If the latest figures are to be believed, it's looking like White Van Man's got some serious competition on the streets these days. The most recent surveys on Britain's favourite car colour are out, and it's all there in black and white. Mostly black.

In The Black

For the first time since 2012, the number of black vehicles registered in Britain has eclipsed the previous most popular choice, white. Over 500,000 of them hit the streets in 2017, making black the UK's colour of choice on our roadways and driveways. In fact, we haven't seen a primary colour in a serious contender's position since 2010.

Even if you combine the figures for red and yellow, then lump in green for good measure, you're sill only looking at just over 2% of the vehicles on our streets. Shades of pink and mauve (whatever mauve really is) are fading fast as well. By contrast, black, white and grey account for a full 60% of the country's registrations between them. Another 10% are listed as silver.

So, what's going on here? Believe it or not, there are people in the industry who are being paid to puzzle out exactly that. Apparently, it's got a lot to do with the so-called “mood of the nation”. Black vehicles, for instance, hit the big time in 2009 while we were all reeling from the financial crash. Before then, back in the prosperous early 2000s, we were all apparently swanning around in silver cars. It sounds strange, but the times we live in really do seem to influence the cars we drive.

How Many Shades of Grey?

Take grey, for instance. Grey vehicles have been rising in popularity for a while now. Strange as it sounds, many experts are telling us that this has to do with the political climate. Insecurity over Brexit and other issues, so we're told, can actually lead to non-committal colour choices. Apparently, they just feel “safe” when the road ahead doesn't. Grey is currently the most popular colour in the East Midlands for cars, for example.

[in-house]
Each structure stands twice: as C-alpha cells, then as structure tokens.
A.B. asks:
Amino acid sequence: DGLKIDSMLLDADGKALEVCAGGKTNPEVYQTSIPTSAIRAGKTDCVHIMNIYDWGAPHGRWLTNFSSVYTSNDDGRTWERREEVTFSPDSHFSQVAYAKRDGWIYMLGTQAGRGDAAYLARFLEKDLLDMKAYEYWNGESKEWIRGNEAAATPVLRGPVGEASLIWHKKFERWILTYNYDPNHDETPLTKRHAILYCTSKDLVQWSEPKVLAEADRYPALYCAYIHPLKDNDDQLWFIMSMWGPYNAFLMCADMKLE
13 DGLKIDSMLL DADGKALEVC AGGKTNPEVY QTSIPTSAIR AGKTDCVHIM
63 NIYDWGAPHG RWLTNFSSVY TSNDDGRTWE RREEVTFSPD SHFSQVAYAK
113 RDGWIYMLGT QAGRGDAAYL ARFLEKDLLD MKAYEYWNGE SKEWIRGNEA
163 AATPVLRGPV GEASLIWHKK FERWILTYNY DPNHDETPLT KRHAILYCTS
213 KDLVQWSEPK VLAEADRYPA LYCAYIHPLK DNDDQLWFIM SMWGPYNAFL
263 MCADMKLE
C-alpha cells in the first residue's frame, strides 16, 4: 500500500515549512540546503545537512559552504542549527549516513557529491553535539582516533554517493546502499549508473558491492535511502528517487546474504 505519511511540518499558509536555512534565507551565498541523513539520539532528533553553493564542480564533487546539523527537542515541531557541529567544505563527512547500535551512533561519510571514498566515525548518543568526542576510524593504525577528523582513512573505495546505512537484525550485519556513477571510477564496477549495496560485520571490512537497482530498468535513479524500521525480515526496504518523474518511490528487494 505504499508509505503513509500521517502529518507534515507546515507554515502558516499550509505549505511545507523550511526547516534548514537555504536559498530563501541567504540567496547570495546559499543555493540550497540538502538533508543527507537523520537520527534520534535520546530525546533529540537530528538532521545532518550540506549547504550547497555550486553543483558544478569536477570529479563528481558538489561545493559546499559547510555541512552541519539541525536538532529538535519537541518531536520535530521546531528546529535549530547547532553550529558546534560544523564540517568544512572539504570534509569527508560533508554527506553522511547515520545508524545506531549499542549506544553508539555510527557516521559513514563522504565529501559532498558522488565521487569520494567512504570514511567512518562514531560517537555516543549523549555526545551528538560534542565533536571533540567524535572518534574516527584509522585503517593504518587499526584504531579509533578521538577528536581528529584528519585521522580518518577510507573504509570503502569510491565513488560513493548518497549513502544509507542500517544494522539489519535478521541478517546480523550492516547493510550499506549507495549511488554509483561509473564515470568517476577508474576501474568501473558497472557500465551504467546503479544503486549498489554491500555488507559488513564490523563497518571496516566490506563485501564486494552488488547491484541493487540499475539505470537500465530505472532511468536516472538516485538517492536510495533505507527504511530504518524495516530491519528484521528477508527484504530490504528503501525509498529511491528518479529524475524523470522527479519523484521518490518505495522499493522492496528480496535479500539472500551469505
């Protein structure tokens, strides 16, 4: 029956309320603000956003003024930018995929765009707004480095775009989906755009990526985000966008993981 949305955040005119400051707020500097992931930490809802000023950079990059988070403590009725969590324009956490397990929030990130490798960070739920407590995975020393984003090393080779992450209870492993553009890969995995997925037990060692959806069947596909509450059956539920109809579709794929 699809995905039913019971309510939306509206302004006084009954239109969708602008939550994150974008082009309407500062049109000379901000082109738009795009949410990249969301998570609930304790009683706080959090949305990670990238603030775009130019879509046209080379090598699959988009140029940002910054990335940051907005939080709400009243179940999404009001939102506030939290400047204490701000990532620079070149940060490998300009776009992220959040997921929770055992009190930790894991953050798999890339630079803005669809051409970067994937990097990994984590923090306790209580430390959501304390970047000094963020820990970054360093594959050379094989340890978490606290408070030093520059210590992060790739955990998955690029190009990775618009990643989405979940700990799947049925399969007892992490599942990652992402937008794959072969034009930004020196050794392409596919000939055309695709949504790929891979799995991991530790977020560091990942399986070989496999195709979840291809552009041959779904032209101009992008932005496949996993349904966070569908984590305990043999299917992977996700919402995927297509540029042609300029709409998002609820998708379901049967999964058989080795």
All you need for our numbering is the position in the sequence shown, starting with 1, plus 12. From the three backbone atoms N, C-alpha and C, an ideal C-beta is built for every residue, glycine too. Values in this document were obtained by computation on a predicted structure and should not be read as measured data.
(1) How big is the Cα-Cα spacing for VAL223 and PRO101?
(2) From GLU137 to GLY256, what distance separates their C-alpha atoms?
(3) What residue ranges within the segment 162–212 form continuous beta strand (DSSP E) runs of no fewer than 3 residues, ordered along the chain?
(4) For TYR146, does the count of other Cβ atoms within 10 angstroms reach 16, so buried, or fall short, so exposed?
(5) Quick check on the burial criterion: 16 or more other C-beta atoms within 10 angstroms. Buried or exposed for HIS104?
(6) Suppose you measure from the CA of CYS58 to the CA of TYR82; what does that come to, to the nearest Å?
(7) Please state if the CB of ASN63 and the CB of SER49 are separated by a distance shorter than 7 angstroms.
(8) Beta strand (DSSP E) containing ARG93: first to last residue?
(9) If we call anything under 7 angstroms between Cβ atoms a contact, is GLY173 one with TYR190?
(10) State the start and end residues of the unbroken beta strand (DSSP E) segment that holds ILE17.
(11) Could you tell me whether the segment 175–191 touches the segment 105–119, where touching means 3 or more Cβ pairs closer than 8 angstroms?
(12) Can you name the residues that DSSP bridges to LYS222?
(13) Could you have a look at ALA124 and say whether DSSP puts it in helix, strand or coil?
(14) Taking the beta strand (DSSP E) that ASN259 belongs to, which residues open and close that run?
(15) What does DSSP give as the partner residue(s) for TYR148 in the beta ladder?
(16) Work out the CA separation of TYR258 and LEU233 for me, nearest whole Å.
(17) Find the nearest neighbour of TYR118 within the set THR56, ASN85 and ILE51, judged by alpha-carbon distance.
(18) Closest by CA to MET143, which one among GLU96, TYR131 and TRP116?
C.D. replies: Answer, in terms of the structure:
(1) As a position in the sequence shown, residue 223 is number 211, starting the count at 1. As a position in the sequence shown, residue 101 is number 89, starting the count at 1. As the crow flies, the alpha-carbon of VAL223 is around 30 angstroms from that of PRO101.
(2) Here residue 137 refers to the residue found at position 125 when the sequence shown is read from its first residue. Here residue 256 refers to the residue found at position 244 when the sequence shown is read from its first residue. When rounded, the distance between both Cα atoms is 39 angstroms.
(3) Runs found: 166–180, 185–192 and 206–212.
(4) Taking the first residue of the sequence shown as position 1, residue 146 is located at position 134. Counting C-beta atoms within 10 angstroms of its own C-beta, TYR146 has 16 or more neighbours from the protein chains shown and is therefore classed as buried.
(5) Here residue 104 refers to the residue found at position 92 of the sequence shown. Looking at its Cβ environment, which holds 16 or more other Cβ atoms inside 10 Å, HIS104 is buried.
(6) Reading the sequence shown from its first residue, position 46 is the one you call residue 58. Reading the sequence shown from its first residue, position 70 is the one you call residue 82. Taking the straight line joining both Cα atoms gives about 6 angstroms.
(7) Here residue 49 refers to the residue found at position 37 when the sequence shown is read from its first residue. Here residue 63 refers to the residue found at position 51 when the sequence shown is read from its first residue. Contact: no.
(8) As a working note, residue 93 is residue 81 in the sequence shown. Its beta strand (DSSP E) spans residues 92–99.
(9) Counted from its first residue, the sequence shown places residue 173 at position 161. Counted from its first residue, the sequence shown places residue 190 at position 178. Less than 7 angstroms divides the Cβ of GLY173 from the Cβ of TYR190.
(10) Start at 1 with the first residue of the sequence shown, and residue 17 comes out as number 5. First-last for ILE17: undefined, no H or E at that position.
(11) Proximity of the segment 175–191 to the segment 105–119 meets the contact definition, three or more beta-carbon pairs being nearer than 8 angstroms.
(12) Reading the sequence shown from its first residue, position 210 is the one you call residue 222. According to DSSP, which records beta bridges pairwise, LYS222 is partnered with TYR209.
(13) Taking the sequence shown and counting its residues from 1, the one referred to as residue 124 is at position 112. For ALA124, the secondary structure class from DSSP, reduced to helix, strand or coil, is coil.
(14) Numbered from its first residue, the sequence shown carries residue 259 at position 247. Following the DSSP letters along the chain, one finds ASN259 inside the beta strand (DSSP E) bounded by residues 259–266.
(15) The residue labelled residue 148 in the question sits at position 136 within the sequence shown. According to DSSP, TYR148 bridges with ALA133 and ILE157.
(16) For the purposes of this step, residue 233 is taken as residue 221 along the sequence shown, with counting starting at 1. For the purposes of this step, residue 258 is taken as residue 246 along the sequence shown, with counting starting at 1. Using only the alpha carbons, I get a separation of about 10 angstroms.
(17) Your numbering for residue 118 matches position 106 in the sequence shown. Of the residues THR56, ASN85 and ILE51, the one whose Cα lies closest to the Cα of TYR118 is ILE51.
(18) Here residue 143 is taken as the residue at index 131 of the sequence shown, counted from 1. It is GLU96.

Of course, it's possible there are other forces at work here as well. After all, we're constantly being told that car sales are dropping overall (with “millennials” shouldering most of the blame). In 2017, for example, sales of cars to private customers dropped by about 7% after growing steadily for years. The Great British family's favourite car might still be the good old blue Ford Fiesta, of course (although RIFT customers do love their Vauxhalls). However, businesses tend to prefer black for their vehicle fleets, and those numbers are starting to show more strongly on the playing field as private sales drop.

Going Green

Of course, with the upcoming ban on fossil fuel vehicles by 2040, it won't be long before all our cars are green by law. On the inside, at least. The latest tax increases are seeing sales of diesel cars slump heavily in what some are calling a “cliff-edge” for the industry. Meanwhile, last year's revised VED thresholds mean that low emissions no longer mean no tax. Only zero-polluters like all-electric models are exempt.

Getting A Tax Refund For Your Travel

What it all means in real terms is that people travelling for work are going to have bigger decisions to make than the colour of their cars. For some, it'll be a balancing act between the increased vehicle tax they're paying and the refunds their travel earns them. Others may be looking at alternatives to using their own vehicles.

We always talk about making your travel pay at RIFT, but there's more to it than counting the miles you're putting behind you. Upkeep, repairs and even branding of your work car or van can all help bring down the tax you owe. With that in mind, remember to keep your MyRIFT account up-to-date whenever you buy, upgrade or even redecorate your work vehicle. Those expenses are easy to miss when you're dealing with tricky HMRC matters, and they mount up over time.

Whatever colour car or van you drive for work, talk to RIFT about how we can help you claim your tax rebate from HMRC.